Mature Americans need retirement advice (desperately)

The oft-cited “four percent rule” for a safe withdrawal rate in retirement is unfamiliar to seven in ten Americans (69%), according to a survey by The American College. Sixteen percent think it's safe to withdraw 6% or even 8% per year.

Growing wiser is supposed to be one of the consolations of growing older. But there’s new evidence that even older Americans are still toddlers when it comes to understanding retirement finance. (Advisors, please note: This means opportunity.) 

According to a fresh survey from The American College, most people ages 60 to 75 with $100,000 or more in assets “lack the knowledge they need for a financially secure retirement in areas such as life expectancy, Social Security, long-term care needs, investment risk and more.”  

Indeed, only 20% of older Americans passed a basic test given to them as part of the RICP Retirement Income Literacy Survey, sponsored by The American College in Bryn Mawr, Pa., which offers the Retirement Income Certified Professional certification for advisors. Less than one percent scored 91 or better on the test component of the survey, which was designed by Greenwald & Associates.

Many Americans were nonetheless blithe about retirement. More than half (55%) consider themselves “well prepared” to meet their income needs in retirement, and almost all (91%) are at least “moderately confident” in their ability to achieve a secure retirement. 

Respondents know little about preserving their assets in retirement. The oft-cited “four percent rule” for a safe withdrawal rate in retirement is unfamiliar to seven in ten Americans (69%). Sixteen percent thought it would be safe to withdraw 6% or even 8% per year. Twenty percent estimated two percent to be the safest rate.

Most people are also perplexed about when to claim Social Security and how to maximize their benefits.  Only half of respondents (53%) knew that someone with a long life expectancy should ideally wait until age 70 to claim benefits.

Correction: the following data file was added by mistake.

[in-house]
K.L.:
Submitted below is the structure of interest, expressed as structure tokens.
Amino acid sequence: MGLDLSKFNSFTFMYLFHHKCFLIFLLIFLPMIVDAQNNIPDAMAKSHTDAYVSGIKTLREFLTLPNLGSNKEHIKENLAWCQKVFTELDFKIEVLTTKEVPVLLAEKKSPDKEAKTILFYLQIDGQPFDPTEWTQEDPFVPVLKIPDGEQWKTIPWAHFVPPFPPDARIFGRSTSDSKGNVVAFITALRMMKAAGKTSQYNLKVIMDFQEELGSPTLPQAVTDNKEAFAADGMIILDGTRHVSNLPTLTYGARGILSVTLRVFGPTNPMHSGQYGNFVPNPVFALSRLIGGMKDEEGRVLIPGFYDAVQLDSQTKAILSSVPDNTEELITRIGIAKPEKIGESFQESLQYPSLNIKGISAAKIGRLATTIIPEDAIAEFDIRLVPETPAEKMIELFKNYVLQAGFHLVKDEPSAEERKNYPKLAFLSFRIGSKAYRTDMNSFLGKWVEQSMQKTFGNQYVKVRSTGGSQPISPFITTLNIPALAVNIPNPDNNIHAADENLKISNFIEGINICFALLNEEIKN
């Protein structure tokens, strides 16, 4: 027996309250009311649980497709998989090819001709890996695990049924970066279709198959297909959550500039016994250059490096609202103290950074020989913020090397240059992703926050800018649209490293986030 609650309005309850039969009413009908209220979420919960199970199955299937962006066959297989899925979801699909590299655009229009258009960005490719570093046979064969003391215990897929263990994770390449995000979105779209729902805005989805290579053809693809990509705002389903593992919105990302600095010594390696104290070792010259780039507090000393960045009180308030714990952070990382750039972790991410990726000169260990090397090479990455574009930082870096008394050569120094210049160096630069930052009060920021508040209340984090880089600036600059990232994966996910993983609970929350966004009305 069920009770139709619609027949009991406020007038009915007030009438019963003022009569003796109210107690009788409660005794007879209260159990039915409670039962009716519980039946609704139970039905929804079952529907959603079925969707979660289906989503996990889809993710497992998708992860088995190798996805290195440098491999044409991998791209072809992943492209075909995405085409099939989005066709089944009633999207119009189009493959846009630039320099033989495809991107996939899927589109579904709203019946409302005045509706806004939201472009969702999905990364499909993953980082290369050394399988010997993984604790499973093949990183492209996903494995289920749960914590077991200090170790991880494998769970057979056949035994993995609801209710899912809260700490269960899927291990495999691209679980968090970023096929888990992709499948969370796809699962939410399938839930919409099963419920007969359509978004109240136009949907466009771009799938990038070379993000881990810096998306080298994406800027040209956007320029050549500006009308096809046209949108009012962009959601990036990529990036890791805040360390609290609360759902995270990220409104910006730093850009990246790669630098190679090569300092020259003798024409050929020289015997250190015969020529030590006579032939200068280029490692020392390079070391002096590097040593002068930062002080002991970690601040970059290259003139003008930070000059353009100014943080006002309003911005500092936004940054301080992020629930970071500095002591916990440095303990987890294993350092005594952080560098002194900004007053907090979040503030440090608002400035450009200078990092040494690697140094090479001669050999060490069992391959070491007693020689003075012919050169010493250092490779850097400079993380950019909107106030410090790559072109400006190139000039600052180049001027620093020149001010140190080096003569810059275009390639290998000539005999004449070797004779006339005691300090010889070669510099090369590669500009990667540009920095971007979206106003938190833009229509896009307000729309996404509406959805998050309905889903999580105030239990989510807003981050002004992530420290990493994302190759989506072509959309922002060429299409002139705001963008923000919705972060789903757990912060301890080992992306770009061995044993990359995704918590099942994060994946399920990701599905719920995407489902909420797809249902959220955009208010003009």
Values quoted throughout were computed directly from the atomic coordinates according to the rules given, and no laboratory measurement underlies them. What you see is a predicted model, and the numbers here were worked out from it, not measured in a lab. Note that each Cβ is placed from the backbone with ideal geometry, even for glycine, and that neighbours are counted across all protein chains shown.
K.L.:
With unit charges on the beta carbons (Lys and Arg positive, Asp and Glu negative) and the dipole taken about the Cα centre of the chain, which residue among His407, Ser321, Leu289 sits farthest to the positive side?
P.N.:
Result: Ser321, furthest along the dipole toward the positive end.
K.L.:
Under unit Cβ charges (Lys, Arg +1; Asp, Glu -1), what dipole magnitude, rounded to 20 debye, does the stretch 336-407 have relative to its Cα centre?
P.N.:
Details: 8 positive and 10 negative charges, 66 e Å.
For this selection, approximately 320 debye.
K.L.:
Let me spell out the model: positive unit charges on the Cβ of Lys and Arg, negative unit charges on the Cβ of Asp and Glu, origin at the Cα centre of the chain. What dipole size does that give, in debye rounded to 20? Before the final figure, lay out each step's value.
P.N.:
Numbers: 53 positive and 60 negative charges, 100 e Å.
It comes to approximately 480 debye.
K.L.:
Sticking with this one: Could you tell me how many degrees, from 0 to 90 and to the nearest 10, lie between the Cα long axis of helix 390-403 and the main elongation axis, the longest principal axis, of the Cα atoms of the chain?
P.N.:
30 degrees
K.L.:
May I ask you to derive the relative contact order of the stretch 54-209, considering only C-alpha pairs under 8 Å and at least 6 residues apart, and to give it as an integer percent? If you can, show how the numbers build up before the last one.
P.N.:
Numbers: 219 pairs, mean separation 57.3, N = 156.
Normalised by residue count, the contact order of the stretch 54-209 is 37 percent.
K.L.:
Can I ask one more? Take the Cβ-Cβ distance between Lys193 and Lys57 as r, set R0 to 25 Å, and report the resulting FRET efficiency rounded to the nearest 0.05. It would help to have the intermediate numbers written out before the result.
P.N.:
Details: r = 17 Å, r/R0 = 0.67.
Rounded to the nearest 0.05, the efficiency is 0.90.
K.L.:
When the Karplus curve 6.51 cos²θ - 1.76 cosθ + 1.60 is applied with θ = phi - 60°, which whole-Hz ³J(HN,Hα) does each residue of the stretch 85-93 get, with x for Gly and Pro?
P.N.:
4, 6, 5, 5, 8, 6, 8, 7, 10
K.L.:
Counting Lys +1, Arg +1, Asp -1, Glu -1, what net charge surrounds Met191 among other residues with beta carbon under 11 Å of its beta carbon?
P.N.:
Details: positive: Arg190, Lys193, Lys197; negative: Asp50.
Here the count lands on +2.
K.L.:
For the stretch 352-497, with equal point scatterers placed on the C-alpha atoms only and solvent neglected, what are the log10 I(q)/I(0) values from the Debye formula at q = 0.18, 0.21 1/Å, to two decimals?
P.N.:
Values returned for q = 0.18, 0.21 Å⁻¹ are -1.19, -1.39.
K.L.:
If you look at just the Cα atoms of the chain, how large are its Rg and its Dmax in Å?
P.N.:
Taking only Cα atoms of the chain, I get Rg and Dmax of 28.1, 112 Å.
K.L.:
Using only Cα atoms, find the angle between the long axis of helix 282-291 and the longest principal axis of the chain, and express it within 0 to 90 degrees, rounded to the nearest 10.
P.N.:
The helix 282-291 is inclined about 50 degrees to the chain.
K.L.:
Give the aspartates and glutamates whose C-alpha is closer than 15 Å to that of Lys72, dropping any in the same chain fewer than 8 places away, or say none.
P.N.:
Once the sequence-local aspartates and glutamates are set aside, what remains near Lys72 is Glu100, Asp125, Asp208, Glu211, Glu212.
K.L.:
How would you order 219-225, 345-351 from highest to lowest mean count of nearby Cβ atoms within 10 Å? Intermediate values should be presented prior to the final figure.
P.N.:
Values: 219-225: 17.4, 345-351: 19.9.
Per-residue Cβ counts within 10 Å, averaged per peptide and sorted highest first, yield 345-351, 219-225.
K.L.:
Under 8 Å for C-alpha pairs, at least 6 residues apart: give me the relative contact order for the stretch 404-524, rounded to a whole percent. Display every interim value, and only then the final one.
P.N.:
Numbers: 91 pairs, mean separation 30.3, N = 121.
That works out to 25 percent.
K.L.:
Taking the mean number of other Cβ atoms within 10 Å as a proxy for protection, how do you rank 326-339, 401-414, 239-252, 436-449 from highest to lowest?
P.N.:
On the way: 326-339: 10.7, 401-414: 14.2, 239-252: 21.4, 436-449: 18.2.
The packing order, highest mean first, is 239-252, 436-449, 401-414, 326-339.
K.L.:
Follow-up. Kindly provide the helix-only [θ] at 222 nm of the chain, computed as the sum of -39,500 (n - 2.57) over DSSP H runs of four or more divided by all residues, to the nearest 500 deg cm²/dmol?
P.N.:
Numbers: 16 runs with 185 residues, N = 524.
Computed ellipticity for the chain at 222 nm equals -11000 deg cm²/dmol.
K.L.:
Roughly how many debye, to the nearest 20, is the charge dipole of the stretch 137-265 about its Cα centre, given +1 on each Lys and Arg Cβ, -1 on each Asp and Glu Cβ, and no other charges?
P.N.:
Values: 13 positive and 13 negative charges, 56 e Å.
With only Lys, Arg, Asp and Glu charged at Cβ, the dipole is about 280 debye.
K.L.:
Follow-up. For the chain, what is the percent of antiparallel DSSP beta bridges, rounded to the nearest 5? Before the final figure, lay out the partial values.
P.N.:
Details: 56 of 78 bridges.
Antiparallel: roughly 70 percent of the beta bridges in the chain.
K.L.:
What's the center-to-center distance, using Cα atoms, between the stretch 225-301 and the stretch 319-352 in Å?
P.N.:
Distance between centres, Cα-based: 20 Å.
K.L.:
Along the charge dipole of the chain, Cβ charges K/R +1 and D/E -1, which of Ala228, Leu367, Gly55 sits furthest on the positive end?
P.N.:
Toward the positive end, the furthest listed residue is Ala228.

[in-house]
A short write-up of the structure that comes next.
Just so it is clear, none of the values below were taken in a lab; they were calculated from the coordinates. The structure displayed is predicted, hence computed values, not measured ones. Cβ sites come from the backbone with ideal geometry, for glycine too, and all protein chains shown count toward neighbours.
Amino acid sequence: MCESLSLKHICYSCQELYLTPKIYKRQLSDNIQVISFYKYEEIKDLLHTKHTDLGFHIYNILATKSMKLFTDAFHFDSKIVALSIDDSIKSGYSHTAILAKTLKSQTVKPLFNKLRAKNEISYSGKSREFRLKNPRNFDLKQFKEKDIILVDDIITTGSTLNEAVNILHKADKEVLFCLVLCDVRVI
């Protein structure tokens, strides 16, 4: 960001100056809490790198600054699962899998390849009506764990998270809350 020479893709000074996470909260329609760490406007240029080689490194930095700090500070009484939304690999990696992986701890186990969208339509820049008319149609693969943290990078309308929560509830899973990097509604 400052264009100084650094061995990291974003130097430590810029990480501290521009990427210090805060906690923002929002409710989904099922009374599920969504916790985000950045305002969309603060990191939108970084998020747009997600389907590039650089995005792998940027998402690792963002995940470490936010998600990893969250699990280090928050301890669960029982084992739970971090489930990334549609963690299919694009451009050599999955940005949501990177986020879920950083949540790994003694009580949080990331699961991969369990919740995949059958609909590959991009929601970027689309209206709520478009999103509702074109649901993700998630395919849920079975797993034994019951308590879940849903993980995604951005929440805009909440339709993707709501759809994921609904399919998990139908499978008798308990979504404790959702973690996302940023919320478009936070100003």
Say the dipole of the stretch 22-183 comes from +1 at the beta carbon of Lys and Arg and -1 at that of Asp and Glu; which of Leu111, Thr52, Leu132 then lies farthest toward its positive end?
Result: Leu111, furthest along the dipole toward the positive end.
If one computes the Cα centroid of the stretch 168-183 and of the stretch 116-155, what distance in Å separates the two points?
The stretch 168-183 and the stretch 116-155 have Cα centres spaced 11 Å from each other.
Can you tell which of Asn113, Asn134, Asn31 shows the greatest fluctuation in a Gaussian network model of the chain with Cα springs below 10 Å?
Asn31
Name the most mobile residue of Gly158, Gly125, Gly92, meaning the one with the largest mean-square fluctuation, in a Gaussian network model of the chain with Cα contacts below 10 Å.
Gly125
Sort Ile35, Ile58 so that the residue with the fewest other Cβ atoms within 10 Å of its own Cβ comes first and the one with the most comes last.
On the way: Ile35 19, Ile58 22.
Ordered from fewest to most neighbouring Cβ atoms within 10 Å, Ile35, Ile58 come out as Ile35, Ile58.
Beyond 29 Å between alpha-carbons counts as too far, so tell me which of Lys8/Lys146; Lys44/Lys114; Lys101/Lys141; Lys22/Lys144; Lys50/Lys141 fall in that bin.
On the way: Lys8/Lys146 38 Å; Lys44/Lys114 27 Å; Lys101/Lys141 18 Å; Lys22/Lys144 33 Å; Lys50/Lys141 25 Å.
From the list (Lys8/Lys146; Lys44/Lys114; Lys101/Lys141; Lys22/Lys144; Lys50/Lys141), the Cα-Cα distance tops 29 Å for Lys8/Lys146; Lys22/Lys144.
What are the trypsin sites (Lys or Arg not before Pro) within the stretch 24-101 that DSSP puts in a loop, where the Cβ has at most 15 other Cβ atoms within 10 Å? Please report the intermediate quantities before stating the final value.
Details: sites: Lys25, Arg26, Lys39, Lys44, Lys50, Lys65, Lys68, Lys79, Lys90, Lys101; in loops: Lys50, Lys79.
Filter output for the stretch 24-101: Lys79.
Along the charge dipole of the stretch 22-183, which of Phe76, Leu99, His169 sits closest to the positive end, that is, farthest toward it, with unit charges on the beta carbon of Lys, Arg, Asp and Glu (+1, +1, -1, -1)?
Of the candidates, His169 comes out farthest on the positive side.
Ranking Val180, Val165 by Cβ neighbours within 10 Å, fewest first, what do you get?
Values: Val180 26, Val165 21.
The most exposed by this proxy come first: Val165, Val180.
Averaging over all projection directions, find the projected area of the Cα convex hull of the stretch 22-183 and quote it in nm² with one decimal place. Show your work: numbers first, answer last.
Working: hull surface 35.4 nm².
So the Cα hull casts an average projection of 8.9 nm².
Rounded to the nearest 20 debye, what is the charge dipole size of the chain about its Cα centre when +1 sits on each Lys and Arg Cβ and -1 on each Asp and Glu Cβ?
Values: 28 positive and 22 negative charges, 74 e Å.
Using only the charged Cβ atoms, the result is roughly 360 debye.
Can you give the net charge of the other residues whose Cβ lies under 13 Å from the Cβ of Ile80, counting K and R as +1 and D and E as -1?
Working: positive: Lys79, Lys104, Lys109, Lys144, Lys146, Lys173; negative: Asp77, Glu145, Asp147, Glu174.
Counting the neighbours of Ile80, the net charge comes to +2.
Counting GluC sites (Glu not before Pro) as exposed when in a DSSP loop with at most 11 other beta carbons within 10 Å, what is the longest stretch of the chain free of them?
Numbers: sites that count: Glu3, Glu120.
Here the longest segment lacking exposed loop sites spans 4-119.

A “disturbing” number of these older respondents showed a lack of knowledge when it comes to understanding the risks associated with stocks or bonds.

  • Only 39% understood that when prevailing interest rates rise, the prices of existing bonds and the net asset values of bond funds will decrease.
  • Only 7% understand that small cap stock funds have historically offered higher long-term returns than large cap stock funds, dividend-paying stock funds, or high-yield bond funds.

Managing longevity risk is apparently a problem for many Americans. More than half  (51%)underestimated the average life expectancy of a 65-year-old man, which is about 18 years. 

Most Americans were also unsure about how to protect themselves from sequence-of-returns risk during the years directly before and after retirement, when their portfolios are especially vulnerable to downside volatility.

  • Only 37% know that someone who intends to retire at age 65 should take less risk at age 65 than earlier or later.
  • Only 30% recognize that working two years longer or deferring Social Security for two years has a bigger impact on retirement readiness than increasing retirement contributions by 3% for five years.
  • Only 27% report having a written retirement plan in place.  
  • 63% say they have a relationship with a financial advisor.
  • 52% are at least “moderately concerned” about running out of money in retirement.  
  • 33% have never tried to figure out how much they need to accumulate to retire securely. 

Survey responses were gathered through online interviews conducted between July 17-25, 2014. A total of 1,019 Americans were interviewed. To qualify for participation in the study, respondents had to be ages 60-75 and have at least $100,000 in household assets, not including their primary residence.

© 2014 RIJ Publishing LLC. All rights reserved.